It's an emotional strategy, not an emotional inefficiency. Of course, calling it an inefficiency is an emotional inefficiency.

RE: I'm not buying it
By foolsgambit11 on 1/22/2009 6:35:41 PM , Rating: 2
emotional strategy? Have you ever been in PR? Because you're great at creating oxymorons.

What the OP was referring to is an economic phenomenon which creates an inefficiency in the capitalist system. Capitalism functions well when each individual does what's in their best interest (or so the theory goes). When a person doesn't do what's in their best interest, e.g. doesn't buy the product that best fits their needs, then that makes the system less efficient. When the reason for that choice is not based on fact, it's an emotional decision. Ergo, an emotional inefficiency.

Granted, where to draw the line between emotional inefficiencies and simple consumer trust can be difficult. But I'd argue that this case falls closer to illogical rejection. The argument against JMicron is that they produced a bad product, knew about it, but could release it and make big bucks because they were the only game in town. Well, JMicron has made many products, and the vast majority are good. They are no longer the only game in town. Thus, it stands to reason that their next product must be of high quality to compete, and they can't afford to release an inferior product because then it would look like a pattern of failure. So we can expect that their new SSD controllers will perform well, and we can be sure before purchase thanks to benchmarking. So why avoid them?

RE: I'm not buying it
By surt on 1/22/2009 8:22:13 PM , Rating: 2
It's a problem of short term vs long term optimization. You call it an inefficiency, because you're focused on the short term. But in the long term this behavior is a net win for all players in the system.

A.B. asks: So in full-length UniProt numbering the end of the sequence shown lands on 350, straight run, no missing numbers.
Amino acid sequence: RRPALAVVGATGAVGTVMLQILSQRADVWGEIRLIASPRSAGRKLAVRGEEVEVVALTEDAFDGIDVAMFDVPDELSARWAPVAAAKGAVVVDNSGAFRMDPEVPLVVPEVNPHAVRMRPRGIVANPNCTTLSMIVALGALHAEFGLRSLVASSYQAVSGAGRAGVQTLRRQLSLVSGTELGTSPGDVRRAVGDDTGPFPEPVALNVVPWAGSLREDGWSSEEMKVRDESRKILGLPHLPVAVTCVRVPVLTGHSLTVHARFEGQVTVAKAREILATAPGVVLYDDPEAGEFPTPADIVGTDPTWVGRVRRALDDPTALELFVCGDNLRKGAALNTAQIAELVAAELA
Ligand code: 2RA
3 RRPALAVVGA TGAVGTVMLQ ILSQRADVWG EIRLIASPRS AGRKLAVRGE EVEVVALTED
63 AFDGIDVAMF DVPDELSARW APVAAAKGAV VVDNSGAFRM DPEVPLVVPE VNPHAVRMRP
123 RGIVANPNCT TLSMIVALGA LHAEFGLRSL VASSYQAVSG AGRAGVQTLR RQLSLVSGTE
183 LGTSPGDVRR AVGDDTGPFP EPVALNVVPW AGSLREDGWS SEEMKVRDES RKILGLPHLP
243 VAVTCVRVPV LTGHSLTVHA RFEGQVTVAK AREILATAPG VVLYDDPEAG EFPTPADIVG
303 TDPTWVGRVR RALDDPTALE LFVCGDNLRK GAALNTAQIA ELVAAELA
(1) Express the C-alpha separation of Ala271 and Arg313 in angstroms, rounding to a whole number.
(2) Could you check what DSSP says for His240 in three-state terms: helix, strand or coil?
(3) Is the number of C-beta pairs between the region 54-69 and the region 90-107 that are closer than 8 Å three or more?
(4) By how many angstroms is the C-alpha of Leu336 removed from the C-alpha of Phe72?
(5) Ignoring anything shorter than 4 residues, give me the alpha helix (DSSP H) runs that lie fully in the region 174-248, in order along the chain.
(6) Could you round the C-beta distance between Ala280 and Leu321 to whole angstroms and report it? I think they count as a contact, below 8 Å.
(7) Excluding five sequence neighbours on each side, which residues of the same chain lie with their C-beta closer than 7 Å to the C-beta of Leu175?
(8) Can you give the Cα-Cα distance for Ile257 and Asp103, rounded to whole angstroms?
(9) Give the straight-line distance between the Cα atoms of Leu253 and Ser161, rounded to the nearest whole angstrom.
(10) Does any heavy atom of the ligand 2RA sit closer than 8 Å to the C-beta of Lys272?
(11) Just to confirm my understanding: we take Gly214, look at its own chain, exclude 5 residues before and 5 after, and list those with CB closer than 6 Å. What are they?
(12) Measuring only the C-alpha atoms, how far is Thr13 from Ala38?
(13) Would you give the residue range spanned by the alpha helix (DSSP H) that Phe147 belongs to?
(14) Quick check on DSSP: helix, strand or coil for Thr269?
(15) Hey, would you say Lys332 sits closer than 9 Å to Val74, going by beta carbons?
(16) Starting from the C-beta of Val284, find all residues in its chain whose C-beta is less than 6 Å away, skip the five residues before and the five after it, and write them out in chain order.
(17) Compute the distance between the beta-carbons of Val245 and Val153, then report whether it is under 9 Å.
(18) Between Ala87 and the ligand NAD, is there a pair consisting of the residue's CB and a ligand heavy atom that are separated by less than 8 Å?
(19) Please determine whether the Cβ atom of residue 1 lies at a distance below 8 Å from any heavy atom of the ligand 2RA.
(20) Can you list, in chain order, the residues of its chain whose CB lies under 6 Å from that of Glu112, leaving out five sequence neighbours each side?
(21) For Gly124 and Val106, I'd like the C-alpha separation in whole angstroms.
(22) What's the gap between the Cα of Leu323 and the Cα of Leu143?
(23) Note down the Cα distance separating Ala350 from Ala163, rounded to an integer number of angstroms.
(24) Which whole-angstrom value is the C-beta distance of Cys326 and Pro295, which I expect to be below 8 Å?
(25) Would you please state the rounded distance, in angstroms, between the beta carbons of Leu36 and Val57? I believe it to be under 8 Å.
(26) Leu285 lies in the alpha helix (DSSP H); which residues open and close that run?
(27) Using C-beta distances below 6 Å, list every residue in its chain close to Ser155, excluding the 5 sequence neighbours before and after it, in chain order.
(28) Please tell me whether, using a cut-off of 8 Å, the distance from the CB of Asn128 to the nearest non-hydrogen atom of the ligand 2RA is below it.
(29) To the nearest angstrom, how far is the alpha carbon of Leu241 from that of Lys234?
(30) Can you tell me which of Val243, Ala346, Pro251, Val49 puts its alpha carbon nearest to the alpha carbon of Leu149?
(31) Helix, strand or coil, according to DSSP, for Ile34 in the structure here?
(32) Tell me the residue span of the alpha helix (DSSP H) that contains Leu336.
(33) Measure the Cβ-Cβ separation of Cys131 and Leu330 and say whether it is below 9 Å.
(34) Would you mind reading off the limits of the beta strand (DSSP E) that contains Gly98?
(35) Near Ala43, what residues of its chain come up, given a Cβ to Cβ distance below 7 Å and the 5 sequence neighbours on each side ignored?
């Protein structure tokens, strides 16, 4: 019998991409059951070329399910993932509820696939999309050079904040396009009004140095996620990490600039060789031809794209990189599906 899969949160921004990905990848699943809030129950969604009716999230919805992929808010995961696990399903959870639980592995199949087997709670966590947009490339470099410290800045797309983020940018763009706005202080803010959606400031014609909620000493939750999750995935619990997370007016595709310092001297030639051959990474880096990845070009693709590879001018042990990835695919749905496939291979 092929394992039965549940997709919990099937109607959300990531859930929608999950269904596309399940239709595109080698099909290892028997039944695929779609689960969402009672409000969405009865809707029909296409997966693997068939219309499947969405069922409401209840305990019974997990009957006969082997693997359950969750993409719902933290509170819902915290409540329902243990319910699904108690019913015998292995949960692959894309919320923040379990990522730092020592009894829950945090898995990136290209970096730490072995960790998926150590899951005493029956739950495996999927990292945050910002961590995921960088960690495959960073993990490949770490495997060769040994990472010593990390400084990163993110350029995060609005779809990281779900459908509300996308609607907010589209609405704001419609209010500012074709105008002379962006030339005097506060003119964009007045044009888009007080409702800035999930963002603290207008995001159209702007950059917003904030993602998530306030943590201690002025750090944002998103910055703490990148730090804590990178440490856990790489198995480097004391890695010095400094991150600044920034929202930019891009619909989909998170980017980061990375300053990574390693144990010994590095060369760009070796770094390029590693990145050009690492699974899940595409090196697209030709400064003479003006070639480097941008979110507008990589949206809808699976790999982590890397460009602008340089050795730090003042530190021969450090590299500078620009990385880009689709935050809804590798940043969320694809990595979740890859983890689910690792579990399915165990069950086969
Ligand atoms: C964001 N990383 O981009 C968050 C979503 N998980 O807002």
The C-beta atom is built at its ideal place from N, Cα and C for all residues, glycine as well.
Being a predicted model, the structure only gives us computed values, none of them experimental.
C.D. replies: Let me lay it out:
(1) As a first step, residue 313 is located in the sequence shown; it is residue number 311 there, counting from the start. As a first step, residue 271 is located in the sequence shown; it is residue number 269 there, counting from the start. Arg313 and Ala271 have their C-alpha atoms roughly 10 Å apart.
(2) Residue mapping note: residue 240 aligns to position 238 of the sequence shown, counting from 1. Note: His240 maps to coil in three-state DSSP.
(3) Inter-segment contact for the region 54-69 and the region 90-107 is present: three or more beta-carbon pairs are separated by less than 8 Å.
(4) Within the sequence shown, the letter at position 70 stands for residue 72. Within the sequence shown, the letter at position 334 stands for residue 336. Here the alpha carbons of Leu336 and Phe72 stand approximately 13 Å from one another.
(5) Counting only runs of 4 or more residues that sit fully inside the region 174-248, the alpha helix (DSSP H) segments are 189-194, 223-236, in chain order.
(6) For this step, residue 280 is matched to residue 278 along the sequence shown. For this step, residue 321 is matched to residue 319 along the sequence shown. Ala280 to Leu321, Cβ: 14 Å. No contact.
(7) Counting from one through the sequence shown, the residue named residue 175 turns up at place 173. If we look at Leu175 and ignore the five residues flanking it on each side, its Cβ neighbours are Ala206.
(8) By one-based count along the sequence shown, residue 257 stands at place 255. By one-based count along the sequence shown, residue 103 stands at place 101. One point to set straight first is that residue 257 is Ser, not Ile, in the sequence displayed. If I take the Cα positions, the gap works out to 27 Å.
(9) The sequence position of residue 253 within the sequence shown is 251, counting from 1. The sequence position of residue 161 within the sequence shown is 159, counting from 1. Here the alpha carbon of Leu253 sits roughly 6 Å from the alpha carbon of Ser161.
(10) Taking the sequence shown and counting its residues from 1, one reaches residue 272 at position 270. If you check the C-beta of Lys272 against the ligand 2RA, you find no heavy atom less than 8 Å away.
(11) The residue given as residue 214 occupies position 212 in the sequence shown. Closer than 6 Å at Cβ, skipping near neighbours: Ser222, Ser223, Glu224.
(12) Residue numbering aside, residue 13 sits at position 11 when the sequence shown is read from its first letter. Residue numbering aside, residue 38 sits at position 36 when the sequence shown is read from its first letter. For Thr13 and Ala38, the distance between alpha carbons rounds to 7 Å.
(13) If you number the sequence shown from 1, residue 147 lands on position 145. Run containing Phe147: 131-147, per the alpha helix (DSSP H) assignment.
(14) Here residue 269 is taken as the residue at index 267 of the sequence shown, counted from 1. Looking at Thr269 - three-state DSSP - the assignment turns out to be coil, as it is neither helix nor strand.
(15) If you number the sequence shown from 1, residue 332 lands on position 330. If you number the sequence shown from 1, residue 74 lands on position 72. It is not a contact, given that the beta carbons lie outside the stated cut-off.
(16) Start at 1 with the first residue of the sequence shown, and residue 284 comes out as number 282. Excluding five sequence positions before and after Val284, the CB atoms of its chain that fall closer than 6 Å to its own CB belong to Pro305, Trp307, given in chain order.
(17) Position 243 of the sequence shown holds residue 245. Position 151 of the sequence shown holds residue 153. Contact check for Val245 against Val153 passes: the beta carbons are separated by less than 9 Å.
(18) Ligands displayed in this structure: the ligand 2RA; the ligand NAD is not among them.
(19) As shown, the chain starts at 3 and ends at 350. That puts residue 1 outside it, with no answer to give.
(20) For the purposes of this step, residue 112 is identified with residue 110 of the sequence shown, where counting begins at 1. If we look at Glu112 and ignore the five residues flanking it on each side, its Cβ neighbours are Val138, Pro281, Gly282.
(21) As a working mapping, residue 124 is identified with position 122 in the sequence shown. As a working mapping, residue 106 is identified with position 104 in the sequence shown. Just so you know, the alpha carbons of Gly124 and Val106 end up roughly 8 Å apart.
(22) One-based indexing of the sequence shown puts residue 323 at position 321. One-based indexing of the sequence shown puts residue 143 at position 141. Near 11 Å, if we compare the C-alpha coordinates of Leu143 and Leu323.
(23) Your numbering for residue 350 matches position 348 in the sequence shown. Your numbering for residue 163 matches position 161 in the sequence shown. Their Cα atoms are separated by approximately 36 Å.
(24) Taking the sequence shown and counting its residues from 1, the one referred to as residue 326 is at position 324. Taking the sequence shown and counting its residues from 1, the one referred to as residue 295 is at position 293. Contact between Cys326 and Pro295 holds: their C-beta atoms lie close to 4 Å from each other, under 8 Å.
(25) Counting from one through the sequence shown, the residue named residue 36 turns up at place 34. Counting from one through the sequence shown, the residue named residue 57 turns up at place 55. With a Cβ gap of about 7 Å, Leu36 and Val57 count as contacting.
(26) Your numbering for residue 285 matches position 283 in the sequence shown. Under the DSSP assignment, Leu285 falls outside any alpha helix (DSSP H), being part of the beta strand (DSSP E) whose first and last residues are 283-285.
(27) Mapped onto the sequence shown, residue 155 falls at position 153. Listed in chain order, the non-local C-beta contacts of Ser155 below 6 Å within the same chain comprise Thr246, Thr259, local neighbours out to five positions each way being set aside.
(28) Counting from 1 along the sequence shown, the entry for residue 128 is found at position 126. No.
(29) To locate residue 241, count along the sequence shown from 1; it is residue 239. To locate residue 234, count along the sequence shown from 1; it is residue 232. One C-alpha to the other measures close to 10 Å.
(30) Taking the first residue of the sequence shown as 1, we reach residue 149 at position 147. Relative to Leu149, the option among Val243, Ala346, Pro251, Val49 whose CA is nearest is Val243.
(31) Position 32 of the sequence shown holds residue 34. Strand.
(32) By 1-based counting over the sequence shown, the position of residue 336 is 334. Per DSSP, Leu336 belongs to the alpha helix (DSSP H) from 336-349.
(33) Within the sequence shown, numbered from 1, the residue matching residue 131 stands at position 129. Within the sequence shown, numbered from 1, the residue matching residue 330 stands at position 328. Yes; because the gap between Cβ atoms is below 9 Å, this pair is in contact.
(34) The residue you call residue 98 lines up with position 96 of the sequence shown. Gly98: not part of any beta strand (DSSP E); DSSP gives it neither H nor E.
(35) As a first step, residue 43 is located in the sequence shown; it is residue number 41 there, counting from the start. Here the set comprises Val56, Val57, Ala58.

RE: I'm not buying it
By piroroadkill on 1/22/2009 9:10:26 AM , Rating: 1
I'll nitpick more.

I thought that OCZ's reasons for reporting the capacity as less was because of the disparity between binary and decimal, gigabytes vs gibibytes, and never heard anything about extra blocks being reserved.

I'd like that be clarified..

RE: I'm not buying it
By Brandon Hill on 1/22/2009 9:19:27 AM , Rating: 4
Here's your clarification:

*Consumers may see a discrepancy between reported capacity and actual capacity; the storage industry standard is to display capacity in decimal. However, the operating system usually calculates capacity in binary format, causing traditional HDD and SSD to show a lower capacity in Windows. In the case of SSDs, some of the capacity is reserved for formatting and redundancy for wear leveling. These reserved areas on an SSD may occupy up to 5% of the drive’s storage capacity. On the Core V2 Series the new naming convention reflects this and the 30 is equivalent to 32GB, the 60 is equivalent to the 64GB and so on.

RE: I'm not buying it
By JKflipflop98 on 1/22/2009 9:30:51 PM , Rating: 2
This is a "twofer". One, it is true that blocks are reserved for write leveling and page failure. Secondly, this is a chance for the industry to realign something that has never made a lick of sense into something you can understand. No more "Help! I can only use 109 gigs of my new 120 gig drive!" posts on forums around the world.